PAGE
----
The "character" of a whisky is determined by the amount and variety of aldehydes, esters and other complex chemical compounds (including fusel oil in minuscule amounts) that are distilled along with ethyl alcohol and water; without these elements whisky would be flavorless and insipid. But since most of these compounds are also toxic, a "hearty" or "rich" or "robust" whisky is more likely to give you an enlarged head than a "light" (and less tasty) whisky.
Corn and charred oak
Bourbon whisky is legally distinguished from other types by the fact that the mash from which it is made is at least 51% corn (the remainder being wheat, rye or barley), that it is distilled at less than 160 proof, and is stored in new charred-oak barrels.
If bourbon whisky is also labeled "straight" (as it almost always is), it has been aged for not less than two full years in new charred-oak barrels; the exact age is printed somewhere on the label, as required by law.
When it comes from the still, whisky is almost as colorless as water; during aging it acquires color from the charred wood in which it is stored, and sometimes a coloring element may be added by the distiller (a smidgen of caramelized sugar gives a richer hue to the whisky without impairing the natural flavor).
How it began
During the American colonial period, grain was easy to grow in fertile soil, but transportation was difficult. If a farmer sent his corn or rye or barley by wagon to a distant market it might be hijacked by road agents, burnt by hostile Indians, dumped by a broken axle, ruined by mildew or made worthless by a glut on the market. In any event, it was bulky, perishable and expensive to store or ship. If he prudently converted the same amount of grain into whisky it was considerably smaller in bulk, easier and less expensive to ship, and it actually improved with age when stored for several years. Hence the abundance of distilleries in such outposts of civilization as Pennsylvania and Kentucky, the respective birthplaces of those marvelous inventions, rye and bourbon whisky.
Salt fish and whisky
The use of charred barrels for aging whisky is supposed to have originated in colonial times. Nobody knows for sure how the practice started, but one story has it that the only available barrels were those in which salt fish had been shipped to the whisky-making areas. To dispel the fish taste the insides of the barrel were charred, and by the time the settlers had learned to make barrels that would hold whisky without leaking, the custom of charring was established. (In any case, when the barrel is charred it's less likely to impart a woody flavor to the whisky.)
Bourbon and branch
Throughout the South, smaller tributaries of rivers are called branches—whence the expression "bourbon and branch" for bourbon and water. Bourbon (or any other whisky) is likely to leave the drinker with fewer regrets if it is drunk with plain or carbonated water, or (if taken neat) followed by a chaser.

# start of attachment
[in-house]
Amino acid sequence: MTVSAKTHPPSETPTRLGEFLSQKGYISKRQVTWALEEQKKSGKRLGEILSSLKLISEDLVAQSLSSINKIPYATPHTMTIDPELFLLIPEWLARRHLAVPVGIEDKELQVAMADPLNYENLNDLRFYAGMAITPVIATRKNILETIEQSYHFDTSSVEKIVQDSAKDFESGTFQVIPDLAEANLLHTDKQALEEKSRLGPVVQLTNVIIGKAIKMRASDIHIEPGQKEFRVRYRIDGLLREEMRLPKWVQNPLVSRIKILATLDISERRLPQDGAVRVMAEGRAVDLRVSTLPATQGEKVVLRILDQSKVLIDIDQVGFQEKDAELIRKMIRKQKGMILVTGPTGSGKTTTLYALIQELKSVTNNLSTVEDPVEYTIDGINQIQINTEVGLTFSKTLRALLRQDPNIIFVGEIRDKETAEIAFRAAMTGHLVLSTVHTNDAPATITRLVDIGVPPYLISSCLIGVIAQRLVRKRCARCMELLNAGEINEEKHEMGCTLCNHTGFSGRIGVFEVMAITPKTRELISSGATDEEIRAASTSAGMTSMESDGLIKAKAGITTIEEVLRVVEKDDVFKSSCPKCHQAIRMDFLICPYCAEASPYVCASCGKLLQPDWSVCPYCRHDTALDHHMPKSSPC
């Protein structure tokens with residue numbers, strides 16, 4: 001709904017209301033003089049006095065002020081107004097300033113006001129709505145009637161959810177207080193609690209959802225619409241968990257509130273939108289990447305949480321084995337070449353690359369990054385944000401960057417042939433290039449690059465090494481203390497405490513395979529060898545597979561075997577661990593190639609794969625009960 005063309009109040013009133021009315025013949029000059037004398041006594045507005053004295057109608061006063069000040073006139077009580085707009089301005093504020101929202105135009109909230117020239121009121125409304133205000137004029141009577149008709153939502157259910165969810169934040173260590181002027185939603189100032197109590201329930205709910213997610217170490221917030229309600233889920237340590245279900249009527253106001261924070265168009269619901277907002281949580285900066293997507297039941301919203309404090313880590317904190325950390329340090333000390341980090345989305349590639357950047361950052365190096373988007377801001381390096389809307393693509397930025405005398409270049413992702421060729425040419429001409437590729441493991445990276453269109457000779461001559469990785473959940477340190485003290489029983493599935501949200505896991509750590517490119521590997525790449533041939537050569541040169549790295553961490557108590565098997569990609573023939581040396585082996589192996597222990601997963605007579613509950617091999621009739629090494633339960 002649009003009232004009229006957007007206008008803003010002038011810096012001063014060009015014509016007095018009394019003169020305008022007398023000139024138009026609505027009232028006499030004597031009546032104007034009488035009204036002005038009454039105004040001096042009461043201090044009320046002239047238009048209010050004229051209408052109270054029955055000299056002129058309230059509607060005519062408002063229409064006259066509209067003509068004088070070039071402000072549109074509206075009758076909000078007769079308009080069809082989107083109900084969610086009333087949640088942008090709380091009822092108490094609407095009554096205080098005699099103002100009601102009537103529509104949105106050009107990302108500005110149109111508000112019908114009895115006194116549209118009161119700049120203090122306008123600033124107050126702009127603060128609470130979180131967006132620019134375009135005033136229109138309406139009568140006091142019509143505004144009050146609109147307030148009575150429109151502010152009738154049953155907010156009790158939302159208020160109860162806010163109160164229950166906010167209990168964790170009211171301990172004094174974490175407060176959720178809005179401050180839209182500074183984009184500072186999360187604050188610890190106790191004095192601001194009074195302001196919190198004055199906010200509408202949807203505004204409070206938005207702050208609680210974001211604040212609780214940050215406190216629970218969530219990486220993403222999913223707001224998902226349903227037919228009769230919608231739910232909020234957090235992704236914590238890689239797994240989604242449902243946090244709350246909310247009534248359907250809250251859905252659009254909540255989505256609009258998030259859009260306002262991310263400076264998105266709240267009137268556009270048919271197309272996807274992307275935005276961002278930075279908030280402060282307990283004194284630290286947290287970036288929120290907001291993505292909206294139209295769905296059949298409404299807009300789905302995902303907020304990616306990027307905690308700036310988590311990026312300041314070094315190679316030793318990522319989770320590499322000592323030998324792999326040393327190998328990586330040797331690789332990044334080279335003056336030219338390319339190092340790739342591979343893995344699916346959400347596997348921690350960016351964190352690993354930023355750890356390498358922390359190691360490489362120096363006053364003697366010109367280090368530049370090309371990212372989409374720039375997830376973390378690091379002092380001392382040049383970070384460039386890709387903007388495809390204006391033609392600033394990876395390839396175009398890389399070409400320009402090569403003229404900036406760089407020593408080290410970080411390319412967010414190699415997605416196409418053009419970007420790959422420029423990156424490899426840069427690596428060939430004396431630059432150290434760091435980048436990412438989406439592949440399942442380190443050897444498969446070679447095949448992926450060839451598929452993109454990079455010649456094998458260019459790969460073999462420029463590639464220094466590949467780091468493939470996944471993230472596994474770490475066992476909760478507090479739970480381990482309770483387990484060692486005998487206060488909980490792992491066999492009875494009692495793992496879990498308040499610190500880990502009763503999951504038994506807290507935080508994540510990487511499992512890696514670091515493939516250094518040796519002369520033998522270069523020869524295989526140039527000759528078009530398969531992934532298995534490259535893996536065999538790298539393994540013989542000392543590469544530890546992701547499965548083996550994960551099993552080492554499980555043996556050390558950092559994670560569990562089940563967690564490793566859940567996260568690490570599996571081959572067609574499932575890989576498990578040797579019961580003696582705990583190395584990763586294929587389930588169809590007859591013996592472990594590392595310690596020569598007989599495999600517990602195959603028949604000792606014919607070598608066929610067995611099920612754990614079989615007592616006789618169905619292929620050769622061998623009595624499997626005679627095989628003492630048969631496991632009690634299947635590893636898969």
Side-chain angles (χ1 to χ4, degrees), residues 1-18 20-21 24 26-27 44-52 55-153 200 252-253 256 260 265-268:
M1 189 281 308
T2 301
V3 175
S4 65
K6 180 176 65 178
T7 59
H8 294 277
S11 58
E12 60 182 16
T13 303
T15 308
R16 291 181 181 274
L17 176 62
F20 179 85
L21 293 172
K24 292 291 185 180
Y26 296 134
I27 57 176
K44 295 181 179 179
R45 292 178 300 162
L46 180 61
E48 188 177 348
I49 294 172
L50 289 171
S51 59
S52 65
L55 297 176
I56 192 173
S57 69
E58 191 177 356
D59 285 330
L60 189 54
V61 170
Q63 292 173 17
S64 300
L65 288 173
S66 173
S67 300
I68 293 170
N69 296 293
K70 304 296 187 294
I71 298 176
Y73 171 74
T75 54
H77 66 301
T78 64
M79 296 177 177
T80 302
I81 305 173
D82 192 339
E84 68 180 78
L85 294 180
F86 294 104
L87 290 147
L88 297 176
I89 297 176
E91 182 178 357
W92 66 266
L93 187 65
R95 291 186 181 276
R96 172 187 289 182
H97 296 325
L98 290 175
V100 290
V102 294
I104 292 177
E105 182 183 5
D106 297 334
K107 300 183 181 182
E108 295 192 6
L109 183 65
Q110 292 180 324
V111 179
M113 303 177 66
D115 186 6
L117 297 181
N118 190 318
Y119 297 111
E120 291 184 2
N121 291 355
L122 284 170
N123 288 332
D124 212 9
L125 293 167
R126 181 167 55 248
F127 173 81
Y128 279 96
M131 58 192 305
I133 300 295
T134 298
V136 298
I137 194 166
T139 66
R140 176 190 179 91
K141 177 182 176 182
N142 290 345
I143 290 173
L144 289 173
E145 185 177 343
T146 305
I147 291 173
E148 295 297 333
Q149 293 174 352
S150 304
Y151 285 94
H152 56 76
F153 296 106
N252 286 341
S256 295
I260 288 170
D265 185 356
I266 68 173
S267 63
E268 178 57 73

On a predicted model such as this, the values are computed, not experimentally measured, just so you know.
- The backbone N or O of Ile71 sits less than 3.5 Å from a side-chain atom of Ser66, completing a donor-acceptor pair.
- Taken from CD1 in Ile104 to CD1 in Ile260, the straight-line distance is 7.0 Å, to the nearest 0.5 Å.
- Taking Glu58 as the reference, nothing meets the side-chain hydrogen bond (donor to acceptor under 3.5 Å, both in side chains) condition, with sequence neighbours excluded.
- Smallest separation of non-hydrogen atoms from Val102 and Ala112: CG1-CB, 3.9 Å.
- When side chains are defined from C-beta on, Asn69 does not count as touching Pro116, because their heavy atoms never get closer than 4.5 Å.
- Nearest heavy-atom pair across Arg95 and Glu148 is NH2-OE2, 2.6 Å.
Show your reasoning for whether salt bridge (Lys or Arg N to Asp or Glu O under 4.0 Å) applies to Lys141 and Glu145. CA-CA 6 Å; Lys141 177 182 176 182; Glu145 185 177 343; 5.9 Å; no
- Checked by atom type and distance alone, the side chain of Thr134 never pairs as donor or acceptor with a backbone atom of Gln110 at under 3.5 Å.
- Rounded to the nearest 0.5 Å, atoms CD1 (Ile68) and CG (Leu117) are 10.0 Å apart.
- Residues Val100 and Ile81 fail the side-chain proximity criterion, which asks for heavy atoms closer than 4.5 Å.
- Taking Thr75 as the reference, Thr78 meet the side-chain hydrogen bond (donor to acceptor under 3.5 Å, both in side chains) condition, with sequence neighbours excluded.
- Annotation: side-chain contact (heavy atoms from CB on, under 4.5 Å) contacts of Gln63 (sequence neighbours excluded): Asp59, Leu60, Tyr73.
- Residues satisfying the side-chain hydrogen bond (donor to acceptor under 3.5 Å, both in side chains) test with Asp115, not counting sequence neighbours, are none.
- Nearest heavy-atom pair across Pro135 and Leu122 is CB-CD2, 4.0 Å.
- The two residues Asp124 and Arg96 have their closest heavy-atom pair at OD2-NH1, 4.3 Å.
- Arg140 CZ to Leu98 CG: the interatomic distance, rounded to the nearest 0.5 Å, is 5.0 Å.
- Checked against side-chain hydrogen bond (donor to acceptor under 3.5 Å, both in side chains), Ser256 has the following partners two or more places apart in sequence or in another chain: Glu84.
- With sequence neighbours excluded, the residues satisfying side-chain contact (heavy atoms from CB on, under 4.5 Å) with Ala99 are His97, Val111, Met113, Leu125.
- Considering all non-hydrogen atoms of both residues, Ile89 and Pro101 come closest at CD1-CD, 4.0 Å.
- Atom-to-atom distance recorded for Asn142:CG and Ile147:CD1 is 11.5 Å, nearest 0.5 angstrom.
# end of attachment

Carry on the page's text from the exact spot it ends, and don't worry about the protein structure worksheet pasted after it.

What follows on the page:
The real corn
Contrary to popular notion, bourbon whisky and corn whisky are not the same thing. Straight corn whisky is made from a mash of at least 80% corn, and may be aged in uncharred re-used barrels.
Mellow with age
Whisky experts generally agree that a rich, heavy whisky requires longer aging than a lighter-bodied variety (which may be fully mature at four years), but no one is sure why aging makes whisky smoother and mellower, and no one has yet found a substitute for time in the making of whisky.
A little left-over mash
The sour-mash process of making bourbon whisky involves adding a portion of residue from a previous batch of mash to help start fermentation of a new batch; the process is slower and costlier, but a number of bourbon fanciers are convinced it's worth it, and cheerfully pony up the difference in price.
The good and the bad
In the folklore of whisky there are a number of ways to distinguish a "good" whisky from a "bad" whisky. Some local experts vow they can rub a drop of whisky between their fingers until it evaporates, and thus judge the age and character of the liquor in question by the feel of it. Another school of philosophy holds that whisky can be judged by swirling some in a shot glass and observing the manner in which beads of the stuff form on the side of the glass; the bigger the beads the better the whisky, they claim, while in other sections small beads are held to be a sign of quality. A few scholars persist in pouring a jigger of whisky slowly into a glass half full of water and noting the manner in which the liquids mingle; a smooth, untroubled mingling denotes a fine, smooth whisky, they declare. A troublesome left wing group heats a sample of the whisky in a tablespoon, then ignites the vapor and studies the color of the flame. None of these tests seems to have any scientific validity, and the only true test of a whisky continues to be your own excellent taste and considered enjoyment. Your good health, sir and madam!